Every year, Jersey Overseas Aid responds to emergencies around the world by granting much needed financial support to organizations working on the ground to provide relief during such disasters and humanitarian crises.

Funding Opportunities

Funding is only made available to JOA’s select partners, which are each internationally-recognised aid agencies with longstanding experience in humanitarian response.

JOA now limits grants to £100,000 per agency per emergency, normally setting a maximum of £300,000 for any one disaster.  Please see the News and Announcements page or call our office for information about whether this limit has been reached or whether we are still accepting applications.

Application Requirements

Applications must be for the immediate relief of human suffering. JOA recognises immediate relief to include the provision of temporary shelter and schooling, clothing, heating, cooking items (eg. household kits), food and health provision (eg. water purifying tablets, medicines, medical supplies and assistance). Longer term proposals for infrastructure or disaster preparedness will fall within the remit of Grant Aid.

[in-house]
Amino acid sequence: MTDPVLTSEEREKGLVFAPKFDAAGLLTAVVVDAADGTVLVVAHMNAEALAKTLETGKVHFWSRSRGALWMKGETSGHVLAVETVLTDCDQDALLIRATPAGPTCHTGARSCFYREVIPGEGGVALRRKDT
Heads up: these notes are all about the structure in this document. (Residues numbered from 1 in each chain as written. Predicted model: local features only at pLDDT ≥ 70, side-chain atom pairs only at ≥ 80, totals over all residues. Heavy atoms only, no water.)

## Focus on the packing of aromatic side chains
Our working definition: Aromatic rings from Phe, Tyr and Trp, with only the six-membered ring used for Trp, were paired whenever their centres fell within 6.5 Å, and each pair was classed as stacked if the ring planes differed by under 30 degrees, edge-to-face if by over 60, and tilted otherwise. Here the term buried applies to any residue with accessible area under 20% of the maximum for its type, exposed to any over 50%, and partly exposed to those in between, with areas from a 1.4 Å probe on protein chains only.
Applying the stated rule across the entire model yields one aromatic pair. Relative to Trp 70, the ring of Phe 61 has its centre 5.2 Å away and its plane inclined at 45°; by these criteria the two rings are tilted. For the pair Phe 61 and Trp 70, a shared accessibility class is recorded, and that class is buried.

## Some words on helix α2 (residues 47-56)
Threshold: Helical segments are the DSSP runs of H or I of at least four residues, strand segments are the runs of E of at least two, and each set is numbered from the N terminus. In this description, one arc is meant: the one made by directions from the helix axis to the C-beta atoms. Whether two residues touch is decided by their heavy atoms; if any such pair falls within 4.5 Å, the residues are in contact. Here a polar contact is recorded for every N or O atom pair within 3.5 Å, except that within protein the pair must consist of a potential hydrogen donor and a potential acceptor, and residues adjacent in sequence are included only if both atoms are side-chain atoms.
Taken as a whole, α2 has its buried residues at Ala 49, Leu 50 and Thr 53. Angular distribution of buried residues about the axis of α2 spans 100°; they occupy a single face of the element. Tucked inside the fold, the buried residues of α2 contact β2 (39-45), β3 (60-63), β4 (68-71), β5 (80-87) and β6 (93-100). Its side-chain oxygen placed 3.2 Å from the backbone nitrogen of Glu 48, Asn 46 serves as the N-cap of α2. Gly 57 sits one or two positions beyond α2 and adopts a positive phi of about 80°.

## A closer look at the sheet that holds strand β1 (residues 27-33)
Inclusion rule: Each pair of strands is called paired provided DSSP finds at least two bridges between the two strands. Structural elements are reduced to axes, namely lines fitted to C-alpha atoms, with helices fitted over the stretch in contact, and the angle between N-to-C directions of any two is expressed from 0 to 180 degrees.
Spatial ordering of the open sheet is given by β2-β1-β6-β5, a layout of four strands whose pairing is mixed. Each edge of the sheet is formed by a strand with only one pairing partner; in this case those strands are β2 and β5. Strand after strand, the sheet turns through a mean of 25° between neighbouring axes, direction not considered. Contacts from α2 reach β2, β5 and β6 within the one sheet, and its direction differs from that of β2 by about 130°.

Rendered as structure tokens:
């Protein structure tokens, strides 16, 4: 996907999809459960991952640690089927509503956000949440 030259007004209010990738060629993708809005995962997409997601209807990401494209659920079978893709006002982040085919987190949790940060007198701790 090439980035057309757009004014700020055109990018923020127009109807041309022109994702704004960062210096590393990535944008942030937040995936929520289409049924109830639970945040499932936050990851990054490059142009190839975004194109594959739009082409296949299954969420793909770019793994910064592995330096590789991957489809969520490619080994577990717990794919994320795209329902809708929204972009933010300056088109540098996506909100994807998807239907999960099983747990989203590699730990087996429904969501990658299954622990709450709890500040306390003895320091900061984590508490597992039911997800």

Whereas grant aid applications must be for specific identifiable projects, humanitarian relief funding is available for general use in dealing with a specified emergency or disaster or an identified part of the agency’s emergency response. JOA recognises the need for flexibility in this area, as priorities and conditions in the field can change rapidly. However, whenever possible, the agency should identify what the funding will purchase. Emergency funding will only be made available once a preliminary needs assesment has been carried out.

For further information please download our Explanatory Booklet below.

Click to find out Where We Work

Select below to see a selection of recent disasters we have granted aid to.

Rohingya Refugees

Cox's Bazar, Bangladesh, Oct. 19, 2017.
Nine year old Nur Begum arrived to Cox's Bazar yesterday. The family walked for four days before arriving. Her mother, father and six siblings are living in the camp. One of her brothers was killed in the conflict. She says she is missing home, especially the school and the familys animals. She is finding comfort in talking to Imel from the Bangladesh Red Crescent Society.
Since Aug. 25, 2017, more than half a million people have crossed the border fleeing violence in northern Rakhine state in Myanmar. They have moved into camps and makeshift settlements in Bangladesh.

Displaced Persons in DRC

IDPs